[vc_row][vc_column][vc_column_text]The left’s discussion concerning the Supreme Court’s ruling regarding same-sex marriage is almost universally devoid of any discussion concerning the slippery slope. So busy rejoicing with rainbow filters on Twitter and spouting obnoxious sayings like “#LoveWins,” the left has forgotten to even take a look at what this ruling implies:[/vc_column_text][banner300 banner=”5517620b381df”][vc_column_text]What is at stake is nothing less than the country’s understanding of marriage.
To better illustrate this point, Frederik Deboer notes in a recent Politico article that the next frontier of so-called “marriage equality” is the permissive extension of the term to be applied to really anything someone wants to call a marriage- including polygamy.
Welcome to the exciting new world of the slippery slope. With the Supreme Court’s landmark ruling this Friday legalizing same sex marriage in all 50 states, social liberalism has achieved one of its central goals…
The question presents itself: Where does the next advance come? The answer is going to make nearly everyone uncomfortable: Now that we’ve defined that love and devotion and family isn’t driven by gender alone, why should it be limited to just two individuals? The most natural advance next for marriage lies in legalized polygamy—yet many of the same people who pressed for marriage equality for gay couples oppose it.
This is not an abstract issue. In Chief Justice John Roberts’ dissenting opinion, he remarks, “It is striking how much of the majority’s reasoning would apply with equal force to the claim of a fundamental right to plural marriage.” As is often the case with critics of polygamy, he neglects to mention why this is a fate to be feared. Polygamy today stands as a taboo just as strong as same-sex marriage was several decades ago—it’s effectively only discussed as outdated jokes about Utah and Mormons, who banned the practice over 120 years ago.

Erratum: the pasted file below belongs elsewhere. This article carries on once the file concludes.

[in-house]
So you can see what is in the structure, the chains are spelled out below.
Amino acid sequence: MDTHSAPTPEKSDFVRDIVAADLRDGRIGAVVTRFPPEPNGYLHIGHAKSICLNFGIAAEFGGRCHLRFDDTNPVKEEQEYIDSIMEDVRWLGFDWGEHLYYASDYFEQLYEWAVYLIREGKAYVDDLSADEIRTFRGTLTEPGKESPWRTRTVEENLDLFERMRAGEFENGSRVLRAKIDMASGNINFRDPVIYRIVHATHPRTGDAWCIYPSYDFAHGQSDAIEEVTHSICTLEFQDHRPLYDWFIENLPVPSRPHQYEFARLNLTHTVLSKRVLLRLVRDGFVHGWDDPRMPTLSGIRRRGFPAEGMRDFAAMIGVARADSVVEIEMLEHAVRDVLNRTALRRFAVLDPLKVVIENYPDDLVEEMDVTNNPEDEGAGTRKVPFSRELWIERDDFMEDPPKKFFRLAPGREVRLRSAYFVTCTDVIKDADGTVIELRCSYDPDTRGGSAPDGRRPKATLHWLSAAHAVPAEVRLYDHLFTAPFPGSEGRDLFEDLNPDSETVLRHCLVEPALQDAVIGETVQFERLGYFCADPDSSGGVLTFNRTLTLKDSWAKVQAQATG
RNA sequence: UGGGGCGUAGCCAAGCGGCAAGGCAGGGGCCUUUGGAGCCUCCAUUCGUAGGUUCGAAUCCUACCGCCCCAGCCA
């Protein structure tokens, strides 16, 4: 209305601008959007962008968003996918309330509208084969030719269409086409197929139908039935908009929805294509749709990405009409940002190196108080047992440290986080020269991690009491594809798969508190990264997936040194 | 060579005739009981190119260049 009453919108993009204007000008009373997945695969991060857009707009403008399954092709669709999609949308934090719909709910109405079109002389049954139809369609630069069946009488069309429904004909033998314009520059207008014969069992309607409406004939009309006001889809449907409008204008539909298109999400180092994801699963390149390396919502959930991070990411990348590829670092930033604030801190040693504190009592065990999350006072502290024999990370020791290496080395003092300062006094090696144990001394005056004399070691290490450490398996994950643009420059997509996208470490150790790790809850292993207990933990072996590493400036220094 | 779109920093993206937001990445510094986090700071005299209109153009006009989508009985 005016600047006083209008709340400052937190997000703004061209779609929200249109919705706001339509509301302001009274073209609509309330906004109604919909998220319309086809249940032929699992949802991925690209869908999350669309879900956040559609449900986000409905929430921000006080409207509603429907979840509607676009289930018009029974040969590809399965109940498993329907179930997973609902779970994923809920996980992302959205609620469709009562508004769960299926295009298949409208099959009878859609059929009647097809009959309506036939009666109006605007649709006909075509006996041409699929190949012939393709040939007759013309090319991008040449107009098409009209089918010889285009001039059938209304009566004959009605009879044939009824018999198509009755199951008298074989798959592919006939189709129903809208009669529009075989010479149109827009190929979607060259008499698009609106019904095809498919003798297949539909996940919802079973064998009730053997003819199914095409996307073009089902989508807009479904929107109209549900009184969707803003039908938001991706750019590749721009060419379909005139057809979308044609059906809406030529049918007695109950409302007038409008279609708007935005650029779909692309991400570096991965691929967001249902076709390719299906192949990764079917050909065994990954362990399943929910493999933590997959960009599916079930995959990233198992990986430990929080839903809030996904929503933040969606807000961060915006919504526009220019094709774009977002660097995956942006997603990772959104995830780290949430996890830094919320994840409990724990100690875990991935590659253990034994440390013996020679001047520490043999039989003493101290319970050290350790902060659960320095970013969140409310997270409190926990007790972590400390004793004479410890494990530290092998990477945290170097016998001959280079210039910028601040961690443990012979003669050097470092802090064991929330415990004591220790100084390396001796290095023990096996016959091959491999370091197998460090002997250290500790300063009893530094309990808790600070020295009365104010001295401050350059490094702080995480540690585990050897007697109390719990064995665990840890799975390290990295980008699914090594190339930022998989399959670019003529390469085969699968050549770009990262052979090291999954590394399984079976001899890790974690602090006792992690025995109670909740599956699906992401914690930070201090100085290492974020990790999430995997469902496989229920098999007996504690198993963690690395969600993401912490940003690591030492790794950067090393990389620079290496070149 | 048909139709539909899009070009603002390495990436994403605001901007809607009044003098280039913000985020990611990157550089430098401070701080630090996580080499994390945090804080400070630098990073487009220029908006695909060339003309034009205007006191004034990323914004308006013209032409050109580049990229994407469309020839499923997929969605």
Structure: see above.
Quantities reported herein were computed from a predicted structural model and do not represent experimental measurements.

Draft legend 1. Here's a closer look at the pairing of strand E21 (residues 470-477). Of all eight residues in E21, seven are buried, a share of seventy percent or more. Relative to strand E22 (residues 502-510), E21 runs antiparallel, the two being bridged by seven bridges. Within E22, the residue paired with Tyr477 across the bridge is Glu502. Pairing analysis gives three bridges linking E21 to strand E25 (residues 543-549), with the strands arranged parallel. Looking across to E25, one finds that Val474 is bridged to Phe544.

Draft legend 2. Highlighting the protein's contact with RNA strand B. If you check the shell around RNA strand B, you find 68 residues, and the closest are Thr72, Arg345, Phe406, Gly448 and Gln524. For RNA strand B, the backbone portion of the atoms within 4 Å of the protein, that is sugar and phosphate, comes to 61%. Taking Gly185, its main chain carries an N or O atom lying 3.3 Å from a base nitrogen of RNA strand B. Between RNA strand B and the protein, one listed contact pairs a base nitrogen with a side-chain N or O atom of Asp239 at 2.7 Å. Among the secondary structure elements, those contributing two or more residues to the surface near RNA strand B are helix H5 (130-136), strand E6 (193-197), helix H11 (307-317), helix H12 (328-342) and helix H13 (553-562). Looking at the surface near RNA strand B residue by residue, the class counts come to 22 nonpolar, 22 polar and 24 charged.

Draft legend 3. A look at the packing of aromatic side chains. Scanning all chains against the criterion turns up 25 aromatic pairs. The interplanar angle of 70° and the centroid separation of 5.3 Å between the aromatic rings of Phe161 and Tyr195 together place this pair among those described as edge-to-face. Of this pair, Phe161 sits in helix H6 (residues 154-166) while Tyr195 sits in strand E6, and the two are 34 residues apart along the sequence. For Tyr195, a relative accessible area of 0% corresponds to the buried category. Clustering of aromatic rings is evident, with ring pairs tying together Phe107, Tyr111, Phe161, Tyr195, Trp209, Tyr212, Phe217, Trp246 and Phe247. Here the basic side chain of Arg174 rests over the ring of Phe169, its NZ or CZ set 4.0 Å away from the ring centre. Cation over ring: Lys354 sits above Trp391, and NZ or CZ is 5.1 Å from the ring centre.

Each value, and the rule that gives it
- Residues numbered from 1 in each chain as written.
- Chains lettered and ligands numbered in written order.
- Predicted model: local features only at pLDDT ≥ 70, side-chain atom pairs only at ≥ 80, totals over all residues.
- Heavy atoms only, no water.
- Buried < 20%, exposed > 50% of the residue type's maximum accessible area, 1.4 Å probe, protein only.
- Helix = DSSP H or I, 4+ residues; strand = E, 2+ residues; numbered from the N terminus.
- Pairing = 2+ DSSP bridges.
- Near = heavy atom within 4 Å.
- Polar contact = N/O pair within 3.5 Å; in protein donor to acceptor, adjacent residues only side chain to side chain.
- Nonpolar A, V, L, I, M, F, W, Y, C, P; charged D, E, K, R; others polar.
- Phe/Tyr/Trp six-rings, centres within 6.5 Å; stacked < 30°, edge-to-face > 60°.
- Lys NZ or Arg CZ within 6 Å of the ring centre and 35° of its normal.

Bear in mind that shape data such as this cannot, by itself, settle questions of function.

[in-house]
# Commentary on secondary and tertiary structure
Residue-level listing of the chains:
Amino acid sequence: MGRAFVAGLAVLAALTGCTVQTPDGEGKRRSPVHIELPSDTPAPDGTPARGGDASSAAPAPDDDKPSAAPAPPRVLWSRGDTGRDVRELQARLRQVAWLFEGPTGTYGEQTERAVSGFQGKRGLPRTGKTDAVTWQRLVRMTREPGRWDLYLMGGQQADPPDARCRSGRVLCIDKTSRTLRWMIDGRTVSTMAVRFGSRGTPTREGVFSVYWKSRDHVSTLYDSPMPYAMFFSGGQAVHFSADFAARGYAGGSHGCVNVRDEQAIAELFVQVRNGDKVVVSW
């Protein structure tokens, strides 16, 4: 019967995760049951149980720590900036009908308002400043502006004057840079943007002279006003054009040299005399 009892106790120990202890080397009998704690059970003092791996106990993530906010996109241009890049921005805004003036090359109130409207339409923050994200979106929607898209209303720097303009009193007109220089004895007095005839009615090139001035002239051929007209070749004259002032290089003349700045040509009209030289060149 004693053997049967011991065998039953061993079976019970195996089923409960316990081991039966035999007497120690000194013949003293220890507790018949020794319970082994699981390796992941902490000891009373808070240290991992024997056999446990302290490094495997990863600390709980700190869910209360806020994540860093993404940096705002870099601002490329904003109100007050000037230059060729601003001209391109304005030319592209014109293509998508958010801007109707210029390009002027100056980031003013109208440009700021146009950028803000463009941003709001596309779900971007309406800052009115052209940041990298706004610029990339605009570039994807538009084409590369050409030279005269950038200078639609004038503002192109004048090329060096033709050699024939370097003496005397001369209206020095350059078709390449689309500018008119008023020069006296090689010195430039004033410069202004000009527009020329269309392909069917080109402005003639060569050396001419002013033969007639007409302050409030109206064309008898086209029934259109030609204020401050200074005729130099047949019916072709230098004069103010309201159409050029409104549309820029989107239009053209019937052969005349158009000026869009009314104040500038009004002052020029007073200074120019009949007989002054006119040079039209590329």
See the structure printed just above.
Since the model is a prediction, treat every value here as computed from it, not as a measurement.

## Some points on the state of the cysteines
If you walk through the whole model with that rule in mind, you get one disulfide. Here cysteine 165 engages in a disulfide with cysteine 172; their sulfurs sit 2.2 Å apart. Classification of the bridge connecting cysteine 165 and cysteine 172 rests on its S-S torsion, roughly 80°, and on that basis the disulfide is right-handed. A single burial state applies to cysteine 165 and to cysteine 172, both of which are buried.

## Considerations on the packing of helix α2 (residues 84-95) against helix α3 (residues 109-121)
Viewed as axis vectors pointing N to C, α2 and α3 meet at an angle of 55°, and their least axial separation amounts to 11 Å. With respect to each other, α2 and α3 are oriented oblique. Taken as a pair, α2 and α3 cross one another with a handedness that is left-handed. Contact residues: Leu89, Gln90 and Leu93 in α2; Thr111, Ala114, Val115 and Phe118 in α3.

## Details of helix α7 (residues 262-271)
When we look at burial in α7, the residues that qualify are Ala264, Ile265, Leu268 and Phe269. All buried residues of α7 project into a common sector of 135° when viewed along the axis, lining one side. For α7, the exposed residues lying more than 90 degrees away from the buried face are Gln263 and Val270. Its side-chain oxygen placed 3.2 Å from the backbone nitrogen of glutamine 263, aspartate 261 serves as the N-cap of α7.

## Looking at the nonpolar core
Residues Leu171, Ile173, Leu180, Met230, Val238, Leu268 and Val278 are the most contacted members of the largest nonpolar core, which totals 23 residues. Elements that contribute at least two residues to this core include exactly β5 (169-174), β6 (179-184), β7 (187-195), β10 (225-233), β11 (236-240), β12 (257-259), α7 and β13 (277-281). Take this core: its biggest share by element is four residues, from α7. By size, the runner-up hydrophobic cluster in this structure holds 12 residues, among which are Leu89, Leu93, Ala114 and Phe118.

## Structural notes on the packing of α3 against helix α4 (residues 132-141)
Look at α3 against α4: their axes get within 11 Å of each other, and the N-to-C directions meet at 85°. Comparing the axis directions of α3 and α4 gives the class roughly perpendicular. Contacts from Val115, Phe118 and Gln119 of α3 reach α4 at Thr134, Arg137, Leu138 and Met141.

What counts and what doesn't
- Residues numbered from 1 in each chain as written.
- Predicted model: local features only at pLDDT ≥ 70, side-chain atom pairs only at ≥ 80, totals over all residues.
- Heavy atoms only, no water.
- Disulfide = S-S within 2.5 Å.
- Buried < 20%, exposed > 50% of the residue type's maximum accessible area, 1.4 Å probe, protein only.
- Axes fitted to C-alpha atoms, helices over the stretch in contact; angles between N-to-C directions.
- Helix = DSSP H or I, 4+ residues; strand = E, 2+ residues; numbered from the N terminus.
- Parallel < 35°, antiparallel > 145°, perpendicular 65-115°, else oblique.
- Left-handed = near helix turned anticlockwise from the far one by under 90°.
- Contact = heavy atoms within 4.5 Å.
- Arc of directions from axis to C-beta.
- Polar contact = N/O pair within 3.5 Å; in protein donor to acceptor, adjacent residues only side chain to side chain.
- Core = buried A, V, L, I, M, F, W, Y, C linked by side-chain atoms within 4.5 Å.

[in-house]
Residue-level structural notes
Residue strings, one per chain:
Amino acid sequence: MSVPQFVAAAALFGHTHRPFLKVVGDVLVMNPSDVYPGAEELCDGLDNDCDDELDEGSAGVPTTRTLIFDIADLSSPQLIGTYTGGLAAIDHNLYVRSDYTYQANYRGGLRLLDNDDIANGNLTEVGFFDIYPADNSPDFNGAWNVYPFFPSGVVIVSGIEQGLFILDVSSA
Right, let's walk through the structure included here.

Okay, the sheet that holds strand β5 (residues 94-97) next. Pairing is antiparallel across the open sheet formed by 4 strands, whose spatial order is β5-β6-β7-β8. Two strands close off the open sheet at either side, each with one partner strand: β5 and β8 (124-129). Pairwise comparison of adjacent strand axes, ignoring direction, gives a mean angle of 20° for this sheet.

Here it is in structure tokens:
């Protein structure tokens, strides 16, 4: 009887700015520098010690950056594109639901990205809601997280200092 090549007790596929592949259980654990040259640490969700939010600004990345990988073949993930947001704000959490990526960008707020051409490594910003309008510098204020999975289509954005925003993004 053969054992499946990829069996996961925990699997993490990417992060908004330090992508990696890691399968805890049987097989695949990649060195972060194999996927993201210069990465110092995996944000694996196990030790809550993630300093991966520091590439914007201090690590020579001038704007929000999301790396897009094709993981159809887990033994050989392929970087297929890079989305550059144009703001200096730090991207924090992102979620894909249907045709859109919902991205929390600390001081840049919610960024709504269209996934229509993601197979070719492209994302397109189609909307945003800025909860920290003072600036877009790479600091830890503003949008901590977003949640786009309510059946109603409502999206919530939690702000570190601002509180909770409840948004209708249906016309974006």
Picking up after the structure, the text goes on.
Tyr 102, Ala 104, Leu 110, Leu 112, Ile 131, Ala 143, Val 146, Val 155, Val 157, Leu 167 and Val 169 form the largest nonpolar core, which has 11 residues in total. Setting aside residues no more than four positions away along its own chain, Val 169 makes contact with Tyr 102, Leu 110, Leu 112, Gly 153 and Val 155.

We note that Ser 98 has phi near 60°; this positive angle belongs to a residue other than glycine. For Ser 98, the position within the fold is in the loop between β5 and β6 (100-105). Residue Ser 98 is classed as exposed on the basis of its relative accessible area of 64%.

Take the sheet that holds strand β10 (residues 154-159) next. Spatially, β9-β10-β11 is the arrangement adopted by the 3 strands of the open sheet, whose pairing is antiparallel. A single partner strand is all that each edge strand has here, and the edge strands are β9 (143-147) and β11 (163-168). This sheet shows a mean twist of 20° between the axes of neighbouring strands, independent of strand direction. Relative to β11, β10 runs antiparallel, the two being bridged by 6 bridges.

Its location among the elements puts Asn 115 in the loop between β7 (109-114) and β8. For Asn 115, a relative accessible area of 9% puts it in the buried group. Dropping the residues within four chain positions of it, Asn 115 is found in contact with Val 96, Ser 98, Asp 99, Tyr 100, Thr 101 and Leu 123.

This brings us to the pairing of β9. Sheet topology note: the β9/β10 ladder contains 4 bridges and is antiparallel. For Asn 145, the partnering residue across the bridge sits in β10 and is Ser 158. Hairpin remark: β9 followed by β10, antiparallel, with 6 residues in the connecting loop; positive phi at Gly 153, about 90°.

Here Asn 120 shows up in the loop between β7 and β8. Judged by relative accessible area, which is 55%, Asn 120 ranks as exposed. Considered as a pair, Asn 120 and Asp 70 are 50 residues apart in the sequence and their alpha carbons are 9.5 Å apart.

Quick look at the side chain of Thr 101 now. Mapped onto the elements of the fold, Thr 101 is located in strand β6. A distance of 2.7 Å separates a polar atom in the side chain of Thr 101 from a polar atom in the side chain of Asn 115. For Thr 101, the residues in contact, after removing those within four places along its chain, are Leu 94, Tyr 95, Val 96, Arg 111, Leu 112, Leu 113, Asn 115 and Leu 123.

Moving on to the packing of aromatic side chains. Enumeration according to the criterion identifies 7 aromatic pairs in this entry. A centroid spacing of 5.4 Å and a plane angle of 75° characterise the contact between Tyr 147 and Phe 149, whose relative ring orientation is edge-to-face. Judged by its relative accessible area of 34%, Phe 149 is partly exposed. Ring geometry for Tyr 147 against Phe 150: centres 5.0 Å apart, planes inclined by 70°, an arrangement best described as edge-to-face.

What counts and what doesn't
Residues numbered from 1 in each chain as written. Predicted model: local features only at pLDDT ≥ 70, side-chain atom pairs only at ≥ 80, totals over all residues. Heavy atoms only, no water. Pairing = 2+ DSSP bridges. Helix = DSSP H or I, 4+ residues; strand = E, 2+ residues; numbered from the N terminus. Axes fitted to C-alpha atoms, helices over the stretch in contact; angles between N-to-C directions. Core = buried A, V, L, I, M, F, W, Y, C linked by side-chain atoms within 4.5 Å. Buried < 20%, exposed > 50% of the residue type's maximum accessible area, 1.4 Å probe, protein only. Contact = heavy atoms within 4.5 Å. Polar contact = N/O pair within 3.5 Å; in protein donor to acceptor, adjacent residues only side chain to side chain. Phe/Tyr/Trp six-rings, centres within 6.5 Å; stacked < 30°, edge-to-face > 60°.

The slippery slope concept is certainly not difficult to understand, which is precisely why the Court’s devil-may-care approach to the law’s application is so maddening. The decision’s indefensible broadening of the definition of marriage only invites further questions of, “What’s next?”
As I have debated this topic many, many, many times, I will end by stating a simple fact: those who claim “love is love” are downright delusional as they, too, reject the notion that all relationships are equally valid and worthy of the term “marriage.”
Society constantly legitimizes and delegitimizes relationships. We, as a society, have rejected that a man should be able to marry six wives, that he should be allowed to marry his sister, a cat or a child. Until relatively recently, society rejected the notion that a man should be allowed to marry another man, but those who defend this as a civil rights issue too often scoff at those who point out the obvious slippery slope and quip, “Well, that’s just ridiculous…”
But why? If we apply the same level of “logic” to polygamous relationships, it seems impossible for one to support one brand of “marriage” and not the other.[/vc_column_text][/vc_column][/vc_row]